For the record, if you ever find yourself having trouble by the time you hit base camp at Mt. Everest, helicopters won't fly in to get you - the air's too thin for them to operate at that altitude. But, for a fee, you can be carted down by yak.
That's the kind of experiential knowledge that comes easily to Memorial engineering graduate students Mike Wrinch and Lloyd Smith, both of whom have journeyed to the world's tallest mountain - and beyond.
For many, the question is: why? Why climb Everest? Were their usual adventures of long-distance hiking, white-water kayaking, and rock climbing not enough?
"If you live a very busy, noisy life, then extreme activities can be relaxing," Mike explained. "It's like, you know you're there when your mouth has gone dry because that's what says you're over your head, and now you have to think."
As Mike tells it, he chose to get over his head with Everest partly in response to frustration with his routine, and partly as an attempt at clarity.
"I was having a hard time with the world - it all just didn't make sense anymore, and I needed a kick start. So I was walking down the street and I saw this map of the world. The next thing I know I'm on a flight to Bangkok and then on to Kathmandu, Nepal. One week later I was on the roof of an overfilled bus heading into the Himalayas. I felt like Indiana Jones. And then 17 days later, I was standing at the base camp of Mt. Everest, begging for air."
For Lloyd, motivation came partly from being "tired of his roommate's stories and pictures," but also eager for a change from the routine of school and work. One year after Mike returned, Lloyd decided to check things out for himself.
Located in northeastern Nepal, Mt. Everest stands 29,028 feet above sea level. Unscaled until 1953 when New Zealander Sir Edmund Hillary and Sherpa Tenzing Norgay made the summit, Everest has tempted over 4,000 people to its heights, with less than a quarter of that number succeeding, and has taken approximately 163 souls to date. Base camp is located more than halfway up the mountainside, at an altitude of approximately 17,000 feet - twice the height of Canada's own Whistler Mountain. A two-week long walk over footpaths from the town of Jiri, Everest's base camp serves as both the end point for talented amateurs and the starting point for those with the requisite US$50,000 fee, and, of course, a death wish.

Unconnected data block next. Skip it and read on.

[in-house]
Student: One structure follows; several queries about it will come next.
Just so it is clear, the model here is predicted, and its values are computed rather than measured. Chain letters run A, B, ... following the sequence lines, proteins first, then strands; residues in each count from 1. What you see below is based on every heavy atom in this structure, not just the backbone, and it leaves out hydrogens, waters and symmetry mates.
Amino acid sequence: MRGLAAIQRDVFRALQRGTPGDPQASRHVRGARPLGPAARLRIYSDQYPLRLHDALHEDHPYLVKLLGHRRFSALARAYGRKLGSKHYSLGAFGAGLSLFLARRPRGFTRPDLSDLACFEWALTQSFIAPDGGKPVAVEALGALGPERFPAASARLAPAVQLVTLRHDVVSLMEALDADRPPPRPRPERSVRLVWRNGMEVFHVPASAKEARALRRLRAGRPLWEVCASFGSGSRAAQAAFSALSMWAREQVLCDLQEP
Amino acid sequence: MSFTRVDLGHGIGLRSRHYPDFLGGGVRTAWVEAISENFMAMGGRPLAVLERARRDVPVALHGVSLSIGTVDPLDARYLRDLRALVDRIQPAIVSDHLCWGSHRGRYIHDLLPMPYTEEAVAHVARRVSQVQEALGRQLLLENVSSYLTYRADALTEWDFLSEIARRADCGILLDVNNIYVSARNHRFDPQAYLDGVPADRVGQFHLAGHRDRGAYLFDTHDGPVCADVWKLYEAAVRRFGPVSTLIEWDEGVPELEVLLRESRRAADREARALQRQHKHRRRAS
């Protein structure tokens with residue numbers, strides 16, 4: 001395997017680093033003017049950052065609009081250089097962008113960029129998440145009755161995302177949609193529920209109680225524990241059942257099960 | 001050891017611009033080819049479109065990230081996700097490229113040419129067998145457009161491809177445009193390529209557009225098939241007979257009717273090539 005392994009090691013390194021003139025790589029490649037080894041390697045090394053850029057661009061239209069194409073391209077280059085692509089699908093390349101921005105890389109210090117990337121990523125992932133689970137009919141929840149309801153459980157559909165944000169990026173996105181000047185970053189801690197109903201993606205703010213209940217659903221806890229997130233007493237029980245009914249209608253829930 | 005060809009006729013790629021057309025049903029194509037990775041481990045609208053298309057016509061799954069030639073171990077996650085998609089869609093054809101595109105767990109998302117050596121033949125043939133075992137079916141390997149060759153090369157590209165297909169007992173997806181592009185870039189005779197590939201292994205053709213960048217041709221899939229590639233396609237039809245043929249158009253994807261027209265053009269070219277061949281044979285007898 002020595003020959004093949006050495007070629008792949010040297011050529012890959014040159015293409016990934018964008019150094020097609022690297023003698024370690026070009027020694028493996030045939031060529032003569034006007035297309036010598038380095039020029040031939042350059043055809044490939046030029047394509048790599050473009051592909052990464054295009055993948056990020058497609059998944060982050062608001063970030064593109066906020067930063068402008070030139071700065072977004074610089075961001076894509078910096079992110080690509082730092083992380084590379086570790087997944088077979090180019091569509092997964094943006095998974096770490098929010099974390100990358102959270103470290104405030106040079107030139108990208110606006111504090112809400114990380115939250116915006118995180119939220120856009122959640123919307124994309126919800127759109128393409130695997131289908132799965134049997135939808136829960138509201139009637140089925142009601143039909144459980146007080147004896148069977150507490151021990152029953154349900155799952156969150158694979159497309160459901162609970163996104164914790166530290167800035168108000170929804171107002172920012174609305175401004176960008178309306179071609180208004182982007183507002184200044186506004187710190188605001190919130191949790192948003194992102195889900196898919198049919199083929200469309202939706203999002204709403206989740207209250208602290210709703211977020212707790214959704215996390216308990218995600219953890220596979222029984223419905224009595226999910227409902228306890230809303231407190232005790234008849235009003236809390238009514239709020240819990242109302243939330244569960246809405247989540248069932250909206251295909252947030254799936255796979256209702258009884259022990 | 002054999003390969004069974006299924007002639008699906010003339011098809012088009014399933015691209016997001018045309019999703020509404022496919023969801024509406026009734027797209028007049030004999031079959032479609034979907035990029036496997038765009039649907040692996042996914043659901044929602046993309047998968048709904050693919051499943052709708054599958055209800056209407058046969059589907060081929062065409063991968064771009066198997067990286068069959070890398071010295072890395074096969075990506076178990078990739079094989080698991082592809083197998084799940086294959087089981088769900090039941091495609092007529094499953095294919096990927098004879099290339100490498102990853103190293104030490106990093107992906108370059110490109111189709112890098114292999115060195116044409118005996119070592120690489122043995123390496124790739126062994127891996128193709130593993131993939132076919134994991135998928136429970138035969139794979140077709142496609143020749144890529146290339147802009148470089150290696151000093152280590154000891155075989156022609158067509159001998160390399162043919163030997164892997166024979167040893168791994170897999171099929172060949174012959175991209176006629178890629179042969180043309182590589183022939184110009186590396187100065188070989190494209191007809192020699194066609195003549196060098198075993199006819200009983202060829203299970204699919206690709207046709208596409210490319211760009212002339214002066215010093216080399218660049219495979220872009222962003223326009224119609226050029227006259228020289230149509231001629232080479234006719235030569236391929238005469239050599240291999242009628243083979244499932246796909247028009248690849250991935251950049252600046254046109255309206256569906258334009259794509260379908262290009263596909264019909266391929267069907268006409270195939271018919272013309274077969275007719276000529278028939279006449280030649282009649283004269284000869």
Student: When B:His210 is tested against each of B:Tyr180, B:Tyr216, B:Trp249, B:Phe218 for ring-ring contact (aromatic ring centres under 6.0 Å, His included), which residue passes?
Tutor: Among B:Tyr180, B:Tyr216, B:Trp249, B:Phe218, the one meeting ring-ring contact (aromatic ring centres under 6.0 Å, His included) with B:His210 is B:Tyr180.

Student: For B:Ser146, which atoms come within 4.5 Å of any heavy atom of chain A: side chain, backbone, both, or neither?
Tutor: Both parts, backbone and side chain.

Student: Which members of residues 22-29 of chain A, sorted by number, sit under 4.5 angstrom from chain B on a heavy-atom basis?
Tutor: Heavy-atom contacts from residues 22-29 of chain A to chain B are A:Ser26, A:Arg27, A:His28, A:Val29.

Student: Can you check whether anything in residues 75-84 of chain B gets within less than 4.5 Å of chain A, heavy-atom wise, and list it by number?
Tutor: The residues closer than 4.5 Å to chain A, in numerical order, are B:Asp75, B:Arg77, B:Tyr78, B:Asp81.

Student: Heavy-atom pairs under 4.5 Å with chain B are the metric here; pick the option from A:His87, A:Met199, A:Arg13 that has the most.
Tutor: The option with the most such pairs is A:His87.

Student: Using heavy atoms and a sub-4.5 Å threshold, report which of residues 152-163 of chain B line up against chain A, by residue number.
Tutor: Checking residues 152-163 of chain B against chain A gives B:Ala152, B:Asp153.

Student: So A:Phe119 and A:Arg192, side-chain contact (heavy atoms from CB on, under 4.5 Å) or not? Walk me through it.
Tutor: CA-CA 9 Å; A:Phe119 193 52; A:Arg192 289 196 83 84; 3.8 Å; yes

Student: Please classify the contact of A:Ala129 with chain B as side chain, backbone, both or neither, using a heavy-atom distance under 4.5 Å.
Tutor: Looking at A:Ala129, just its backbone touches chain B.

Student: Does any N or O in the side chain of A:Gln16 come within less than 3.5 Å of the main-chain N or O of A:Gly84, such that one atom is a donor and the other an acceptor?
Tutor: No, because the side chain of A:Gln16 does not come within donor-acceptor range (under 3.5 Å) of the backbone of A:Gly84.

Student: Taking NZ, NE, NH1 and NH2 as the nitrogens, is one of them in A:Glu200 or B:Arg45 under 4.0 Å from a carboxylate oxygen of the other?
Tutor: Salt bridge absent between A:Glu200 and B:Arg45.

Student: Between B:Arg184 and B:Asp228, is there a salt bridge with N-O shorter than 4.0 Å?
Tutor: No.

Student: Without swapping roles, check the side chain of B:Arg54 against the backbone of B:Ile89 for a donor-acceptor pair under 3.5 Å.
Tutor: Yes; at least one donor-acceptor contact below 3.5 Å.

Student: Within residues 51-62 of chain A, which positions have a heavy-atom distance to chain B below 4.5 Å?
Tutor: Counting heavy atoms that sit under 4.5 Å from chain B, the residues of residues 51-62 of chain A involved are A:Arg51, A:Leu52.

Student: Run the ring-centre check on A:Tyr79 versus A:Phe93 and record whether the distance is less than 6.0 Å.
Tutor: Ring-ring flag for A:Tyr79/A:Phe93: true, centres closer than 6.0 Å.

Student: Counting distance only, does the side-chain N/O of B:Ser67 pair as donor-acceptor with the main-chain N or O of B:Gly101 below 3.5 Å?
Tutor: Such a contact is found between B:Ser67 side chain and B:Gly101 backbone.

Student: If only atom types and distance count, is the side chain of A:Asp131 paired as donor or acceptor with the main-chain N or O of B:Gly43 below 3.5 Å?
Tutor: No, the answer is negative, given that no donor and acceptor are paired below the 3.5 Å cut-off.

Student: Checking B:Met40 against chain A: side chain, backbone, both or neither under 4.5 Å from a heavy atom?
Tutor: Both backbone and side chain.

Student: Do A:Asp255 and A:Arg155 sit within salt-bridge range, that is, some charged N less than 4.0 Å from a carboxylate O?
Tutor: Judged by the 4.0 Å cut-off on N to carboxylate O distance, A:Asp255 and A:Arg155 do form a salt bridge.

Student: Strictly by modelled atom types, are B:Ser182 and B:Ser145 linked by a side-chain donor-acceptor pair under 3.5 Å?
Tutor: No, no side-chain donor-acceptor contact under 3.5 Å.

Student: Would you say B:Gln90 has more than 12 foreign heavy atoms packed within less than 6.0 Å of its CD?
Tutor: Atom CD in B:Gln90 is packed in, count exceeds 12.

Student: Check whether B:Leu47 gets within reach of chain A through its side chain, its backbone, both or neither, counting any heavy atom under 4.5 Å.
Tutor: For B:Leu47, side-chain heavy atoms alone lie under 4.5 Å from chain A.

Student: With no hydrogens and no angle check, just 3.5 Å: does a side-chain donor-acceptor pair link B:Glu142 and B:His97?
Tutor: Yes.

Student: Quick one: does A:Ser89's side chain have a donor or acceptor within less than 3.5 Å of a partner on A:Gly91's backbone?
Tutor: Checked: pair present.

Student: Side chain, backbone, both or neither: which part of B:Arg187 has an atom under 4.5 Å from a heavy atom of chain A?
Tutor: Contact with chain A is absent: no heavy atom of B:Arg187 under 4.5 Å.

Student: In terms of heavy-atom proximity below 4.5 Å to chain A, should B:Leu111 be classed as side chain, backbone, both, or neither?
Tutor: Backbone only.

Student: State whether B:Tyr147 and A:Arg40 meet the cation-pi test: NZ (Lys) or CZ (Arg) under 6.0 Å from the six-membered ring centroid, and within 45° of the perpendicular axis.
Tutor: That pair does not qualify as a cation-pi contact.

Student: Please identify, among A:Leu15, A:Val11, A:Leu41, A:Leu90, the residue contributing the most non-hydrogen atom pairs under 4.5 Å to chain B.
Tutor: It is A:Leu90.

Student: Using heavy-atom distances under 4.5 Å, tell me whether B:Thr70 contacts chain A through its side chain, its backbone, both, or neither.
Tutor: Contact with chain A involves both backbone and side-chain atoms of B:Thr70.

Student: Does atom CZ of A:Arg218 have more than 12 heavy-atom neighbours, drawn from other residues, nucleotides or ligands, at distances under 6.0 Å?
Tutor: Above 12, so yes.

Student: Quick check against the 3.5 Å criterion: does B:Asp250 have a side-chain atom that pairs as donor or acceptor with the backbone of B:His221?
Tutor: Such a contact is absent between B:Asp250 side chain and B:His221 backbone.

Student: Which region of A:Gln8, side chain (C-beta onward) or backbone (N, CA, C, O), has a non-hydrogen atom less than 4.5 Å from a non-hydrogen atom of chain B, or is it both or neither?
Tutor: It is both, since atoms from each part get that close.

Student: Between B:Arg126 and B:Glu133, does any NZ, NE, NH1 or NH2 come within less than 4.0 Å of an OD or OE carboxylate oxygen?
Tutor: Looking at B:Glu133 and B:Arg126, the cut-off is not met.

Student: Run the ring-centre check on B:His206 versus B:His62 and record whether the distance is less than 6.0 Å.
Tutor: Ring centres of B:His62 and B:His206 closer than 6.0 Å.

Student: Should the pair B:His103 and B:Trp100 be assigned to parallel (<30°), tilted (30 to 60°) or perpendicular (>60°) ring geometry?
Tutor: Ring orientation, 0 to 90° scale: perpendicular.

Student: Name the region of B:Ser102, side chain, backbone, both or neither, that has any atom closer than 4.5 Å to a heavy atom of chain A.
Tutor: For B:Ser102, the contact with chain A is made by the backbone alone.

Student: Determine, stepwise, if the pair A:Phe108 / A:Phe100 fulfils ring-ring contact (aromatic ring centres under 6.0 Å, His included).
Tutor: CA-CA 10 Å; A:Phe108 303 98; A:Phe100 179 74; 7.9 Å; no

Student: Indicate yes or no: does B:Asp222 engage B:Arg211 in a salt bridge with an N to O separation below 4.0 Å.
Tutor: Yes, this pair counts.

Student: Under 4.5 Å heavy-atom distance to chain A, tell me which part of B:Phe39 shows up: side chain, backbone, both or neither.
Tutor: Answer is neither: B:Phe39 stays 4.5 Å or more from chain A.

But the MUN students didn't take their risks in stride.
"It's not a hospitable place," Lloyd said. "I started out feeling like I was conquering something, but when I came back I felt totally different - like the mountains let me go up there. I was imposing on a land where I didn't belong at all, and it was a privilege."
Likewise, despite his research interest in ice resonance theory, Mike's mind was on other matters as he crossed the legendary Kumbu Glacier, a living icepatch known for periodically churning out the bodies of missing climbers.
"I was definitely not thinking about my thesis. I was thinking 'step ... step ... that looks safe ... step."
On a budget of $10 a day, surviving on rice and lentils, and referring often to their Lonely Planet guide books to get them through the inevitable altitude sickness, Mike and Lloyd were nevertheless thrilled to reach their destination.
"This elation comes over you," Lloyd said. "Everybody's silent - nobody's hooting and hollering because you're at about nine percent oxygen and half of the people with you are sick."
"You just pant and hand the camera to someone to get a picture," Mike said. "It's really more about the journey, and the people you meet along the way."
Indeed, for Mike, a native of Saltspring Island, British Columbia, and Lloyd, who hails from Manuels, Everest was just the start of their international adventures. Mike, for instance, celebrated his descent from Everest by travelling on to Bangkok, working for Mother Theresa in Calcutta and battling pirates en route to Sri Lanka.
Plans for a joint trip to Chile are in the works for next year. The pair also keeps busy as engineering grad students and VPs in a new high-tech startup called IntrigniaSolutions (www.intrignia.com).
© Copyright 2002 Memorial University of Newfoundland
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